I’m not normally inclined to say “I told you so” but, in this case, it might be justified.

Back in 2015, when the Department for Education announced the scores for old style GCSEs in 2017, Dave Thomson and I did some calculations to look at ‘what if’ the DfE 2016 and 2017 scoring systems were applied to 2014 data.

We predicted that, when compared to 2016, outcomes in 2017 would show:

  • substantially lower attainment in the basics measure (English and mathematics);
  • lower Attainment 8 scores;
  • higher Progress 8 for selective schools;
  • lower EBacc attainment.

Some of these changes – basics and EBacc – are because the measure changes from grade C or higher to grade 5 or higher. Changes in Attainment 8 and Progress 8 arise because top grades are, relative to other grades, given more points in 2017 than in 2016.

This table summarises what we found – and compares it with the actual outcomes published by DfE.

So how can schools compare their Progress 8 score in 2017 with what it was in 2016?

If a selective school sees an increase of 0.1 in their Progress 8 score, have they improved – or have they got worse because they have gone up less than the average for selective schools?

And what about other schools? If selective schools have gone up, then, because Progress 8 has a national average of zero, other schools must have gone down.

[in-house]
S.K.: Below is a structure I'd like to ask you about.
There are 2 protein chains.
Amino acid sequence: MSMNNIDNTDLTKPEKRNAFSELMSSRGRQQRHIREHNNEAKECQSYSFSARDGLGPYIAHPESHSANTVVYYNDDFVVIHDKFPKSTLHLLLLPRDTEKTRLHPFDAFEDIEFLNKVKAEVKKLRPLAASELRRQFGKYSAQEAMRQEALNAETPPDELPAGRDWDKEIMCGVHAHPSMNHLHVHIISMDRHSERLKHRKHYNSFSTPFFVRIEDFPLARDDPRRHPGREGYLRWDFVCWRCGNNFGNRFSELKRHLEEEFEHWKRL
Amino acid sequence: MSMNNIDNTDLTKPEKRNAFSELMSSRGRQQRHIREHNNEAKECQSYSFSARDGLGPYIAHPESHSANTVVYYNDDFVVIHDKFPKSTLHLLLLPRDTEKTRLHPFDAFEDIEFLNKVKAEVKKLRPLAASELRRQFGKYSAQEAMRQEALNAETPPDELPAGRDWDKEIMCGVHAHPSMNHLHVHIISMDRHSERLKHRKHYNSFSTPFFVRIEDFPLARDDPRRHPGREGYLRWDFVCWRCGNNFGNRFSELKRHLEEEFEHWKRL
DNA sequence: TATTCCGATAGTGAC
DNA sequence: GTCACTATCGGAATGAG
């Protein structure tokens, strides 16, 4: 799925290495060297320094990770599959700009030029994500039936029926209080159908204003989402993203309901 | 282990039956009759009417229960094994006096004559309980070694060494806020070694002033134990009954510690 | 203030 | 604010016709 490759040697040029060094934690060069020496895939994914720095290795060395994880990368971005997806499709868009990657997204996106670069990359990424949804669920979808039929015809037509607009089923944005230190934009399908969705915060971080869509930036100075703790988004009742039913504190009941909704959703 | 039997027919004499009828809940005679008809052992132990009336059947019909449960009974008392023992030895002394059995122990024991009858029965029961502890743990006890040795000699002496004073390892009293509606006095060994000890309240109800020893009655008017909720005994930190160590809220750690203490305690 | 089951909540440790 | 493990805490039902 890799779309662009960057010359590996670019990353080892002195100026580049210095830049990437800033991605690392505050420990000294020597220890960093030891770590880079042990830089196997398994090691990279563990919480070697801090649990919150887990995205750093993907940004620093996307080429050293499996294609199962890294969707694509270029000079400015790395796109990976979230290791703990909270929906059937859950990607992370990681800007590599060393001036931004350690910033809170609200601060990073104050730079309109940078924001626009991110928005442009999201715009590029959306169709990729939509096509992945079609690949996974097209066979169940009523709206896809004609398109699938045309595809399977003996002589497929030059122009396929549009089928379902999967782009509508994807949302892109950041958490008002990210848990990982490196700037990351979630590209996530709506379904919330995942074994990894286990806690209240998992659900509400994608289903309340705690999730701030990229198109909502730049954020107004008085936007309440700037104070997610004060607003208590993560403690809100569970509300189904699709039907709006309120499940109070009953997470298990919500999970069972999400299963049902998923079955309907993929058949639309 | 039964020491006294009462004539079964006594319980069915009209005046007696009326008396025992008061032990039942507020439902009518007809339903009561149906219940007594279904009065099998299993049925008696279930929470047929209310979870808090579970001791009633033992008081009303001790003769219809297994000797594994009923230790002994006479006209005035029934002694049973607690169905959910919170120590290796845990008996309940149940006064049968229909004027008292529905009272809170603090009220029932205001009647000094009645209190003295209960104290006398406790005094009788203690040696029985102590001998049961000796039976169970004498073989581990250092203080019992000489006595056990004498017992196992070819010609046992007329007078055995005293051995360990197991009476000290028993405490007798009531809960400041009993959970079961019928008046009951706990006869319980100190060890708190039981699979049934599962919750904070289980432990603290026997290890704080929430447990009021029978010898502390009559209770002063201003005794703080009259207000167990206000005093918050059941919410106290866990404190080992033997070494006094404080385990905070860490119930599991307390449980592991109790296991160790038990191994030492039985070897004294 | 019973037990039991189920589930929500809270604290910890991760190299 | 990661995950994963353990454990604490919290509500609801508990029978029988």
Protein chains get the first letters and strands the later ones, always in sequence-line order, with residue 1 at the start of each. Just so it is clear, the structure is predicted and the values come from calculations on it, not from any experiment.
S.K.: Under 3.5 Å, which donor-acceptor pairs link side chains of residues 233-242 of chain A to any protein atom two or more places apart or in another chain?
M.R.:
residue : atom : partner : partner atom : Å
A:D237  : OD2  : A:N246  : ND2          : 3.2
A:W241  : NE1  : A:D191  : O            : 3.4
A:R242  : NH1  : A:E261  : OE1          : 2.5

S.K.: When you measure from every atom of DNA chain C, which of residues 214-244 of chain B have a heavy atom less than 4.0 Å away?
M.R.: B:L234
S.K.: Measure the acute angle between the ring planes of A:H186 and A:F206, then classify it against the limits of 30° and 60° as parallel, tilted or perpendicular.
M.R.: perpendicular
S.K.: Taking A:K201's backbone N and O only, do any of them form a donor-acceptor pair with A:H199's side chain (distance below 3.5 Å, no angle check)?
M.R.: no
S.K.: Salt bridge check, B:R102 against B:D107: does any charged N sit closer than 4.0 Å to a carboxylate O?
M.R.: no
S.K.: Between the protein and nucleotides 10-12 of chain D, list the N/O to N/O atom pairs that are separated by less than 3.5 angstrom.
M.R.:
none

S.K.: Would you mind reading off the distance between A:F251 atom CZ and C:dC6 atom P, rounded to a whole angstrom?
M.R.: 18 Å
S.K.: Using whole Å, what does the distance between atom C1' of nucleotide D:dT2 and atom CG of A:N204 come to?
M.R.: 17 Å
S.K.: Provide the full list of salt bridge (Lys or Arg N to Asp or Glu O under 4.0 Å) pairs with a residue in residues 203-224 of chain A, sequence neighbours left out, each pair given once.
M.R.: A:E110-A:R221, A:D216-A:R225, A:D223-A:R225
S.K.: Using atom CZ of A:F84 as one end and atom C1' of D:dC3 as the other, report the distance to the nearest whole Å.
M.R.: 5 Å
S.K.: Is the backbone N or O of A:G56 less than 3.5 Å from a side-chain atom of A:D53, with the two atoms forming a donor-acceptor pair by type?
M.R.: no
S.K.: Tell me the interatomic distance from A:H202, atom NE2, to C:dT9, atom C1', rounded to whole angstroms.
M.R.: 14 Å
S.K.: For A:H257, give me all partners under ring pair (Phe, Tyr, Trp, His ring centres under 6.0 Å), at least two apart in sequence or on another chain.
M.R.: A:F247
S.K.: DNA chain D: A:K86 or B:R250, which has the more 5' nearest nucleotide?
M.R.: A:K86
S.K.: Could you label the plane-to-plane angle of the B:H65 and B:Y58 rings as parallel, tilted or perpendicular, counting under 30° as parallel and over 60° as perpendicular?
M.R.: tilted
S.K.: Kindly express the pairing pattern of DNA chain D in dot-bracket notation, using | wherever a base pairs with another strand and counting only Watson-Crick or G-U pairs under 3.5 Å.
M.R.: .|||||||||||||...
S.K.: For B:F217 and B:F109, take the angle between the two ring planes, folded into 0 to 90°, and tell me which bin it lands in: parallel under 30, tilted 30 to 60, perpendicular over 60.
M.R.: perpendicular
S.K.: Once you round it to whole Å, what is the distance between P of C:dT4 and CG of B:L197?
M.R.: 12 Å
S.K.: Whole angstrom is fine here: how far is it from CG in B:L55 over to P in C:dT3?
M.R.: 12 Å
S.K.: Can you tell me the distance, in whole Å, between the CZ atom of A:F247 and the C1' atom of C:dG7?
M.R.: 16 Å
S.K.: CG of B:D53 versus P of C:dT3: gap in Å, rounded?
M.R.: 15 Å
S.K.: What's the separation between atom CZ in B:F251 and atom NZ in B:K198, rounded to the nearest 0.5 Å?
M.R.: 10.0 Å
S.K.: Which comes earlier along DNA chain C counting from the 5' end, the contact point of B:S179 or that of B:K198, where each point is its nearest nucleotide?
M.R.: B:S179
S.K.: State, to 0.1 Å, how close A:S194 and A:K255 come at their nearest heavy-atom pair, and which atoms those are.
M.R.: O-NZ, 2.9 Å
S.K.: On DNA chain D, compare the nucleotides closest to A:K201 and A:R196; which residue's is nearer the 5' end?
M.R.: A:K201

To look at this further, let’s revisit some of our previous analysis of 2016 data – specifically schools’ Progress 8 scores calculated using:

  • the 2016 points system; and
  • the 2017 points system.

Whilst there’s a little bit of ‘scatter’ around the best fit line, it’s fairly small, so we can use the line to calculate differences. The next chart shows the difference – by how much Progress 8 would increase or decrease – using the 2017 scoring system.

The drop for schools with low Progress 8 scores puts more schools below the floor standard. Dave has looked at this in detail here.

If a school’s Progress 8 score improved from 2016 to 2017 this could be because:

  • pupils attained better grades and/or had better value added in individual subjects;
  • pupils entered, on average, more subjects that count in Attainment 8;
  • the school stayed the same, but the 2017 scoring system changed things.

It’s difficult to disentangle these. Understanding the contribution made by changes in subject value added and number of subject entries requires detailed analysis – but the chart above might help to answer the third question.

Want to stay up-to-date with the latest research from Education Datalab? Sign up to our mailing list to get notifications about new blogposts, or to receive our half-termly newsletter.